His music started on the back of a truck at a county fair. This guy has to be heard. The same thing happened when he had electric guitars at the same Newport folk festival and all the purists just freaked out. And this guy was one of those. I just took great delight in saying “You weren’t there man.” I’ve always loved Dylan because he has this way of dividing everybody, merely by speaking through his music. He was playing the Civic, and somebody said: ‘Say something!’ And he had played about eight songs and he went: ‘I am.’ That’s the only thing he said all night. I dug it so much. That guy is so cool. [Laughs].

What does that teach you about how to keep making music?

A lot. It makes you trust the first seed of it. The glow of it. You can always go back to it.  You really do have to step outside. And sometimes inside, in the internal world, the Narnia worlds of your own mind, you try and find some treasure. It’s like some of the people I met at Pike River, one of these guys gave me a rock that was at the mouth of the mine. And he gave me this rock that was in the water coming out of the mine. That water had been over the bodies, and had come out of the mine, and he picks up this stone and hands it to me like a taonga, which it is. And he did the same with some greenstone, and a few other things, a piece of coal.

And I remembered somebody telling me about a carver waiting at a river on the West Coast somewhere looking for some greenstone, and seeing what the river delivers. They won’t carve unless the river delivers some greenstone that day. For me it is a really great way of looking at songwriting. You can have all the weapons you like and all the toys you like and all the theory and all your influences and all that stuff, and then something can come out that is a complete surprise, completely brand new. And your job is not to sully that, and to craft it into something that is beautiful on its own.

I am aware of that now and I am aware of the anonymity of it. The greatest need is for the work to be greater than the worker. That is so important. I think that I had forgotten that for a long time. I never really learnt that properly. There were hints of that in the early days. Submitting to it is going to drag the best stuff out of you. And the only way to do that is with connections with people.

You can’t do that on your own, you can’t do that on your laptop in your bedroom. You can’t really. You can do transient stuff, ephemeral stuff. Anything that lasts you have to be as dedicated as you can do being there at the right time. Like a Cartier-Bresson photo. Just be there at the right time. [Laughs].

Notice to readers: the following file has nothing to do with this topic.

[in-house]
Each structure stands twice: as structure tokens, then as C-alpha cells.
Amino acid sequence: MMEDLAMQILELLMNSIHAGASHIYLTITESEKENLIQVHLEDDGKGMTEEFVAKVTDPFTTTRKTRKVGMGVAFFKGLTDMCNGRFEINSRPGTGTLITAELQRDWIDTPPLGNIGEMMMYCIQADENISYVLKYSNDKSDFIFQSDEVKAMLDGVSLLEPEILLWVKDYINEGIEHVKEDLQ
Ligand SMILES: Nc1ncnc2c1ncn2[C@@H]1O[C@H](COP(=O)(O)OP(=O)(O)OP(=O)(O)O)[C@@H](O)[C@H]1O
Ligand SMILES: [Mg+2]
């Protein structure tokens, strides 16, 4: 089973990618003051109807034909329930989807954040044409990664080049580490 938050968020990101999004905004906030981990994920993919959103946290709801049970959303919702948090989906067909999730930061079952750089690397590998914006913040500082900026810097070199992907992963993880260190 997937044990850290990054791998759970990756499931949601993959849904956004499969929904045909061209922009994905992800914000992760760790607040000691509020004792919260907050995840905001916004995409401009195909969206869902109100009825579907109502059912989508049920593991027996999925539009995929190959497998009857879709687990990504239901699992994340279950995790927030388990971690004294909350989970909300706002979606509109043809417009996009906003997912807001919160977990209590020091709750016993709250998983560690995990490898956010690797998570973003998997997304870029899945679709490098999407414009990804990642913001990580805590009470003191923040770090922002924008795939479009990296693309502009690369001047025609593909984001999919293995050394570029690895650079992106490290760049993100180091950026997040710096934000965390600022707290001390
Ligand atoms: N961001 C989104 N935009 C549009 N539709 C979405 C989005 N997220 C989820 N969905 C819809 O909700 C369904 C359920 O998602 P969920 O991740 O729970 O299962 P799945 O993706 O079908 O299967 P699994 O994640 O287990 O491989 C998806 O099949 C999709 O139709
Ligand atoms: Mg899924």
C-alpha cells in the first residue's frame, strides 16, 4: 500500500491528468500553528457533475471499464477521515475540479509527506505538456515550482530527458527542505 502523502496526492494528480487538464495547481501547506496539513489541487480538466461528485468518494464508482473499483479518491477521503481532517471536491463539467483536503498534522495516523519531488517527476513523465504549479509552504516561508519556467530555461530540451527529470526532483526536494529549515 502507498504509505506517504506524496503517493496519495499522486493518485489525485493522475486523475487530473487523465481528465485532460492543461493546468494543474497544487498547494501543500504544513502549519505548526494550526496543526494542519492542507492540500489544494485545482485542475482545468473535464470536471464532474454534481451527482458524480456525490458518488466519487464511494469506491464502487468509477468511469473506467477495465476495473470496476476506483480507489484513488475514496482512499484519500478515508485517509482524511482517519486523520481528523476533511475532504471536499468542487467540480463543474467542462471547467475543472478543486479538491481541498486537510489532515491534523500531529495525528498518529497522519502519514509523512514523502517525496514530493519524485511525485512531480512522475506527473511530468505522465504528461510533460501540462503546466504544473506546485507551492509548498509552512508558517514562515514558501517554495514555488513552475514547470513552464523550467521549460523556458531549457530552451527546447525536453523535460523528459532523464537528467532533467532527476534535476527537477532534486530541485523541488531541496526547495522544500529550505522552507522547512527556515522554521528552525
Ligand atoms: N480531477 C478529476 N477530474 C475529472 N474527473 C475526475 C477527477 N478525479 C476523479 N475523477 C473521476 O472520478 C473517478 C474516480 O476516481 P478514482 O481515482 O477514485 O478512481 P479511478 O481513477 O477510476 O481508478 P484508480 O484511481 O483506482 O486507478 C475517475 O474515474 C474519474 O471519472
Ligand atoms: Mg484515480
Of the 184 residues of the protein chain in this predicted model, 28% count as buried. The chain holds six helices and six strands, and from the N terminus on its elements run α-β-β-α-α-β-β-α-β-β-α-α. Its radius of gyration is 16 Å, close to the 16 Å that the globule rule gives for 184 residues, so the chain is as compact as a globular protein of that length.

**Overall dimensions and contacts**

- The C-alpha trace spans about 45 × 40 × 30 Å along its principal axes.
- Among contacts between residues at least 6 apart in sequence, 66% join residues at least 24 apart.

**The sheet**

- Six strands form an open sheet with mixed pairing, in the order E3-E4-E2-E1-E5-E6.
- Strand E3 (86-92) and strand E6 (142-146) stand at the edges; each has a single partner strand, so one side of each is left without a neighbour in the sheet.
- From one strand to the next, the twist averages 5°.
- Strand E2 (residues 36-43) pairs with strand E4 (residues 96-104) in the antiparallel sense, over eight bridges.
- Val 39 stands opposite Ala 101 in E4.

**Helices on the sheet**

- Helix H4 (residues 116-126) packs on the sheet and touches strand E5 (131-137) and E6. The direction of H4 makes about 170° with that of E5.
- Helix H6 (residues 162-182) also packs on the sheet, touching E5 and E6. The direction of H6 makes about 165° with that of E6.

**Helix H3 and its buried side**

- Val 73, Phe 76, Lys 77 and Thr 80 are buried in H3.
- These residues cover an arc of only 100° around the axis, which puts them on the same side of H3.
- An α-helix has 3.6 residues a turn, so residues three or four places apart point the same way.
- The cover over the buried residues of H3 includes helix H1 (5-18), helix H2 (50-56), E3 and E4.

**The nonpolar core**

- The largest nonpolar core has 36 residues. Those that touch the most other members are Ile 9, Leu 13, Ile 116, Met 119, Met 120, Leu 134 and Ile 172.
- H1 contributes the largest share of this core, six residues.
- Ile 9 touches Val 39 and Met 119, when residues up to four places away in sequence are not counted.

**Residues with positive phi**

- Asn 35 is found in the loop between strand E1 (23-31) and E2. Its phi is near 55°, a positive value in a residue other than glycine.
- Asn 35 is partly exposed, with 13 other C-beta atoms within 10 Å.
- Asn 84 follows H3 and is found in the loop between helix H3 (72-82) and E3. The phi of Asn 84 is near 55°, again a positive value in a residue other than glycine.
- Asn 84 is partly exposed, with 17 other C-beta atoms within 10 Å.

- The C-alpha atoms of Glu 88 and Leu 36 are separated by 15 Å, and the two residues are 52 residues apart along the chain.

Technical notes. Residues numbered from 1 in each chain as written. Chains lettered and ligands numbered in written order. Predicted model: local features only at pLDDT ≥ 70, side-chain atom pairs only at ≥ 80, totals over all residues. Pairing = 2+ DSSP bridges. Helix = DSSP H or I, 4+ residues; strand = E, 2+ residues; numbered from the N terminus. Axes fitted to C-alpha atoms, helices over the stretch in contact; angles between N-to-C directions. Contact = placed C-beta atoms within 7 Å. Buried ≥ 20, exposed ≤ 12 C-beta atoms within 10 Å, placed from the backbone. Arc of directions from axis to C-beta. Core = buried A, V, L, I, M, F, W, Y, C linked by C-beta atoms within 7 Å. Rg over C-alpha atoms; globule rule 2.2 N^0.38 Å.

You’ve mentioned a couple of times that you don’t have a label anymore, it’s just you and your manager.

And my wife.

You just don’t need anything more. More industry support?

No, we don’t need it. And I think the best thing about being able to release the last record Harmony House, that was a real independent affair, working with Sam [Scott] and Luke [Buda] was extraordinary. Really liberating. Not that record companies ever really had much of a say in what I’d do artistically (laughs). I guess it’s all about the relationship of it. In theory, it’s limitless what we could do. I’m always at the mercy of the songs. Whatever they dictate really, as to what team to have next time around.

So you don’t need intermediaries to get to people anymore. You can find an audience yourself.

Yeah, it’s cool. Also, I can collaborate with musicians and writers at will. And the hunger for it just gets stronger. Perfectionism has two effects: one, it can stifle what you’re doing and slow you down because everything has to be just right before you deliver anything. Or there’s one that’s fairly bold and brave and isn’t afraid to talk to people and collaborate. It’s all music driven but not knowing is really cool. I was talking to SJD the other day and he wants to get together for something and I know that would be really fruitful because I have a lot of respect for him. If I could work with everyone I respected I’d be set for life. And I wouldn’t have to leave town.

So you’re always trying to fight the former and embrace the latter?

Exactly! That’s where the music lies! Neil used to call it worshiping at the temple of song. If you can even sense the hint of a song, you have to come subservient and serve it until it’s finished. Then a lot of stuff just happens in ten minutes one day so you’ve just got to be fairly vigilant I suppose.

Tell me about that vigilance. So when I turned up today, you were tinkering at the piano, is that what you’re doing? Hoping something sparks?